mordicai caeli (mordicai) wrote,
mordicai caeli
mordicai

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The Path Not Taken.



"What Ardi tells us is there was this vast intermediate stage in our evolution that nobody knew about," said Owen Lovejoy, an anatomist at Kent State University in Ohio, who analyzed Ardi's bones below the neck. "It changes everything."

Then he said love made humans evolve! Well, he always said it, but is still:

"Divergent big toes are associated with grasping, and this has one of the most divergent big toes you can imagine," Jungers said. "Why would an animal fully adapted to support its weight on its forelimbs in the trees elect to walk bipedally on the ground?"

One provocative answer to that question—originally proposed by Lovejoy in the early 1980s and refined now in light of the Ardipithecus discoveries—attributes the origin of bipedality to another trademark of humankind: monogamous sex.

Virtually all apes and monkeys, especially males, have long upper canine teeth—formidable weapons in fights for mating opportunities.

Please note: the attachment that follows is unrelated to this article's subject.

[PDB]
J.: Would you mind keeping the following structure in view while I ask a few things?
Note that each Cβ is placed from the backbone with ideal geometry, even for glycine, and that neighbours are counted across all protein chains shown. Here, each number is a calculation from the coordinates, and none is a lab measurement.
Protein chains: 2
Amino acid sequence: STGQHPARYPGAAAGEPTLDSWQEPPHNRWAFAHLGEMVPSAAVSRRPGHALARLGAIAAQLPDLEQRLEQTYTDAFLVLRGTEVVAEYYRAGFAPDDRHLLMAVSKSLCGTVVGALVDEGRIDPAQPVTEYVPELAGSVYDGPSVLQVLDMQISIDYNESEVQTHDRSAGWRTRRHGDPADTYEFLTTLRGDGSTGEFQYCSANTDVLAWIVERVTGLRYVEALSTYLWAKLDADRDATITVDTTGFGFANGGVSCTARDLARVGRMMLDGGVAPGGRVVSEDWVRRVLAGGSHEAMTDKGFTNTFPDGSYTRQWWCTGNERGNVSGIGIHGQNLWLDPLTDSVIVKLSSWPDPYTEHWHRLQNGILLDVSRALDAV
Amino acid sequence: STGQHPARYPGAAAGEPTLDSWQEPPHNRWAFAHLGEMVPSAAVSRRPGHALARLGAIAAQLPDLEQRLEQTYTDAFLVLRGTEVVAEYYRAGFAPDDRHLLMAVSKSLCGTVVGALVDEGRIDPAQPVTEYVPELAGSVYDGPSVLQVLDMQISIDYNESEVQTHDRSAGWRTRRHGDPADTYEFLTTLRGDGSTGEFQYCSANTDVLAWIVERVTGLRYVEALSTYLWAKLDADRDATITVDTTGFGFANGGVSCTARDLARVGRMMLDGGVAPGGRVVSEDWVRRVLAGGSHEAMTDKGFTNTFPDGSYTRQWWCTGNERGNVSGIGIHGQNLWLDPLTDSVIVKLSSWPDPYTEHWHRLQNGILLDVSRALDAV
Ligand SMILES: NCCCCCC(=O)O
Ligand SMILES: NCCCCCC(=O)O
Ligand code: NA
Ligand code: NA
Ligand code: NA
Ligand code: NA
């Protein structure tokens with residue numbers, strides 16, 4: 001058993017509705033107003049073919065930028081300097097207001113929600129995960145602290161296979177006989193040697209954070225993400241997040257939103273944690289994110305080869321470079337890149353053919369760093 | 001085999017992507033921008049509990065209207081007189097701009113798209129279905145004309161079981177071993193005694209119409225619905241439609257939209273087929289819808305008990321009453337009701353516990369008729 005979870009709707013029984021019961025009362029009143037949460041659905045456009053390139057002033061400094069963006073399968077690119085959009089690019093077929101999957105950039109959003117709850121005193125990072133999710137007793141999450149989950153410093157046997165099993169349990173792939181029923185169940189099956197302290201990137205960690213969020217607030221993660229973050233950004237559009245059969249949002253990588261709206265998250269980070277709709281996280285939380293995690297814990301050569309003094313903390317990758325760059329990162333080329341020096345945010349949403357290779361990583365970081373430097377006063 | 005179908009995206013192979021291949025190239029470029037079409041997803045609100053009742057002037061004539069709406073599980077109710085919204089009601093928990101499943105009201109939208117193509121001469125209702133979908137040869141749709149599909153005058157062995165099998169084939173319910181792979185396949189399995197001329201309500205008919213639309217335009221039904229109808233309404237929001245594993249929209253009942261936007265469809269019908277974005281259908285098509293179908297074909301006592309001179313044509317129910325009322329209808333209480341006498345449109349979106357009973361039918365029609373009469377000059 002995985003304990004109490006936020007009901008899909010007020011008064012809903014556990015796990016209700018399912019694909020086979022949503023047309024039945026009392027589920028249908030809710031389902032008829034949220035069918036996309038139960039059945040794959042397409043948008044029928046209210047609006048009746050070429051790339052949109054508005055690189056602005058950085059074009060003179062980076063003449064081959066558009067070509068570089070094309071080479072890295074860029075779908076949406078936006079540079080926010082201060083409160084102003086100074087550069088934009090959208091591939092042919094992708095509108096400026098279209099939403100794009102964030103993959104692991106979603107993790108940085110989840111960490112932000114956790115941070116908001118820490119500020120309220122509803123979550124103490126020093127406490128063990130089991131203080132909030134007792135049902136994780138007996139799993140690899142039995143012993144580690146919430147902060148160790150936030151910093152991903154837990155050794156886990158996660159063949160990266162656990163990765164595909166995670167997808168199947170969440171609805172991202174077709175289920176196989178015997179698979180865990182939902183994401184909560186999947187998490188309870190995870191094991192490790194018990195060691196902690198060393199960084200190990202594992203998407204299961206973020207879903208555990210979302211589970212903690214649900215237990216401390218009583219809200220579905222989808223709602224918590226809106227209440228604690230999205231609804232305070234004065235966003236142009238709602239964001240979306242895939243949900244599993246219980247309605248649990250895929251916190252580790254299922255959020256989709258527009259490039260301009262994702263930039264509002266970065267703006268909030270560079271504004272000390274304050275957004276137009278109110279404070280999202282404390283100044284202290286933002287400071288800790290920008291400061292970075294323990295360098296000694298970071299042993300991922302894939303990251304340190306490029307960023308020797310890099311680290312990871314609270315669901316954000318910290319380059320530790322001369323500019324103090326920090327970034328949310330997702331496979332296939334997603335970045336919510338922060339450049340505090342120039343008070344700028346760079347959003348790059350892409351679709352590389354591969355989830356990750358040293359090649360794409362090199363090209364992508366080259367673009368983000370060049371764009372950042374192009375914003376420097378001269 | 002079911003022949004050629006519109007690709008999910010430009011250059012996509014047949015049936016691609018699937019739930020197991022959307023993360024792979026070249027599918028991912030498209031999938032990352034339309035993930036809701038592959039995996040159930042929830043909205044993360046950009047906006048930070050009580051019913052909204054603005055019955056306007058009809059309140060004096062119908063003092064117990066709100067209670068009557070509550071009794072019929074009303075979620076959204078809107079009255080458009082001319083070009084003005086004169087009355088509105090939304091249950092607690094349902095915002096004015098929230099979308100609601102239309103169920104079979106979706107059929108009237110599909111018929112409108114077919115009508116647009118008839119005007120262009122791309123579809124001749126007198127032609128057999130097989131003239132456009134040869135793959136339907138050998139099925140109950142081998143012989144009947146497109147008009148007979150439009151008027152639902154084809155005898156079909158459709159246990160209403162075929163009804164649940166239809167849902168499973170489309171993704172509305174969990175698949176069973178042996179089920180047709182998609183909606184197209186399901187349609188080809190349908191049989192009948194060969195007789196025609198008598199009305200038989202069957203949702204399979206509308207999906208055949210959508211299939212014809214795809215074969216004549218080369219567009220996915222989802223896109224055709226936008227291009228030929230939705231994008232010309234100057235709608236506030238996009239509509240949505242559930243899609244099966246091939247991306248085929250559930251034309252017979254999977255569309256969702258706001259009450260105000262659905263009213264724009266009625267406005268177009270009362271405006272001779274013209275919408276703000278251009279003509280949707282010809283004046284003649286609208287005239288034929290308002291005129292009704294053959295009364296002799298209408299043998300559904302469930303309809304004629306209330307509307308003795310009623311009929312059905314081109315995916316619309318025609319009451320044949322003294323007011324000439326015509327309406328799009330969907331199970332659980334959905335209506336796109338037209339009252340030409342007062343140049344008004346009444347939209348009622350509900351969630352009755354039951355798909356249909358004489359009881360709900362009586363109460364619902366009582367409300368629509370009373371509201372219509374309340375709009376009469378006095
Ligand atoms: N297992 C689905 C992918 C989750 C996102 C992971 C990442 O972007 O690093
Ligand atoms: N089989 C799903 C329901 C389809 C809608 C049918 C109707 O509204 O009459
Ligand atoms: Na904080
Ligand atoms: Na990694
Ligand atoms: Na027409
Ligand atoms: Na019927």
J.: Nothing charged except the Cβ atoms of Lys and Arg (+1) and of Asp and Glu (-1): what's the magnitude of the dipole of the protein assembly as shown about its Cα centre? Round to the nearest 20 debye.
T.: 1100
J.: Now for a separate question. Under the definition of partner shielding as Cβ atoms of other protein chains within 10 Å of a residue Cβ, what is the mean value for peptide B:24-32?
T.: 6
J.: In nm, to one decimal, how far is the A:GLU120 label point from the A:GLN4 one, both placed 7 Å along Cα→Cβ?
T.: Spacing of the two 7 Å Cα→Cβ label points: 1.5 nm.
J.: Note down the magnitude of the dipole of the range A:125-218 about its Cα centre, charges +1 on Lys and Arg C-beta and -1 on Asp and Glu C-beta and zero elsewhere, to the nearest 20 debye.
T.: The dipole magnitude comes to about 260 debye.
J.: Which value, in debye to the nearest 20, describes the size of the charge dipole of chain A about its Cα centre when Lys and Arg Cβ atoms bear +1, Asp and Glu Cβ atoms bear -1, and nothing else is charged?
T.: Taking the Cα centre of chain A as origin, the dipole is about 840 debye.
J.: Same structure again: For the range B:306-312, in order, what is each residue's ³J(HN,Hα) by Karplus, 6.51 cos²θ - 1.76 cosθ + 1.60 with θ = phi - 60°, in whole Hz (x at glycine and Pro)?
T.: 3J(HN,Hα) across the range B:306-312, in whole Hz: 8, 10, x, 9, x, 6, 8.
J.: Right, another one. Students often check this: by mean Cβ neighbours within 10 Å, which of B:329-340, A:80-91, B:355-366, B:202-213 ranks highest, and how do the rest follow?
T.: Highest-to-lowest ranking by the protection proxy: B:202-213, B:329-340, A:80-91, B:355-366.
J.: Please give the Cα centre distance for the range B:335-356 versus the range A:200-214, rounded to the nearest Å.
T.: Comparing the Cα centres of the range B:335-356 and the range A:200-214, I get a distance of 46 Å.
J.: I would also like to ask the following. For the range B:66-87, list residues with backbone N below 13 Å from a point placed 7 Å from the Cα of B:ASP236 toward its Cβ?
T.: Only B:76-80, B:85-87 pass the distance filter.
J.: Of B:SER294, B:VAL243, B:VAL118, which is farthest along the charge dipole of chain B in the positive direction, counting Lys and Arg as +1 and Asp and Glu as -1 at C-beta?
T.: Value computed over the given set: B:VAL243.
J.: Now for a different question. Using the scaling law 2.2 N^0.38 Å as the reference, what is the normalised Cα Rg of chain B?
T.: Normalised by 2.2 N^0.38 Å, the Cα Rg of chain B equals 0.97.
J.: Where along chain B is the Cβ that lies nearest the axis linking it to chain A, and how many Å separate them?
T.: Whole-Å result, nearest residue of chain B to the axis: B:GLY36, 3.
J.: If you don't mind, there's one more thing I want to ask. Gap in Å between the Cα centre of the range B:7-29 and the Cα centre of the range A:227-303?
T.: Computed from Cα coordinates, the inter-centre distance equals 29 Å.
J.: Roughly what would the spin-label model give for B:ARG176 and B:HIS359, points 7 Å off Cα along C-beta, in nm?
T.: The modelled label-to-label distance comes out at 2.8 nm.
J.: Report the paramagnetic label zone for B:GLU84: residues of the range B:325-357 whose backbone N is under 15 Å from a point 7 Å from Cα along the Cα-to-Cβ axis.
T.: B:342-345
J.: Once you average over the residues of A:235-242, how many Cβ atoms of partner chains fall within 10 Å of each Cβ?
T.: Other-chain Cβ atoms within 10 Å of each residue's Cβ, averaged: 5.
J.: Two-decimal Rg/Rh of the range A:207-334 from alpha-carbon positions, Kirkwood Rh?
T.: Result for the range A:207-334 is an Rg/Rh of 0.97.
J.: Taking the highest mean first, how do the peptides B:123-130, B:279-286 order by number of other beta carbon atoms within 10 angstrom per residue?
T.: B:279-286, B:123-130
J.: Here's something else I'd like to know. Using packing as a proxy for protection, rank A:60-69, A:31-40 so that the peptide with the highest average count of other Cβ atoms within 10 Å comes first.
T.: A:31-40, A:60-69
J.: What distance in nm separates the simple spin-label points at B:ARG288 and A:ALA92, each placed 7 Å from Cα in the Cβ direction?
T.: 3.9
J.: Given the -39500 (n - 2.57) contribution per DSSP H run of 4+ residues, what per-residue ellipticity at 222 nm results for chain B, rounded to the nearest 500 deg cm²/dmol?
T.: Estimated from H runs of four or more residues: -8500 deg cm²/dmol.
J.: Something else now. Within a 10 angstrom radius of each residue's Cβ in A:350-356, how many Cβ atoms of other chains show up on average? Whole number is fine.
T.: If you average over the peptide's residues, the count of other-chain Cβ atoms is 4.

But Ardipithecus appears to have already embarked on a uniquely human evolutionary path, with canines reduced in size and dramatically "feminized" to a stubby, diamond shape, according to the researchers. Males and female specimens are also close to each other in body size.

Lovejoy sees these changes as part of an epochal shift in social behavior: Instead of fighting for access to females, a male Ardipithecus would supply a "targeted female" and her offspring with gathered foods and gain her sexual loyalty in return.

To keep up his end of the deal, a male needed to have his hands free to carry home the food. Bipedalism may have been a poor way for Ardipithecus to get around, but through its contribution to the "sex for food" contract, it would have been an excellent way to bear more offspring. And in evolution, of course, more offspring is the name of the game (more: "Did Early Humans Start Walking for Sex?").


Just funny to me-- if I had stayed at Kent for the graduate program, would I have been working on this? Would Ardipithicus have been the last ten years of my life? I think I prefer what happened to the alternative, even given how much I dig on extinct hominids. Still; good to see the old alma mater kicking ape ass & taking hominid names! Or whatever. Just remember kids: there is no such thing as a "missing link!"
Tags: kent
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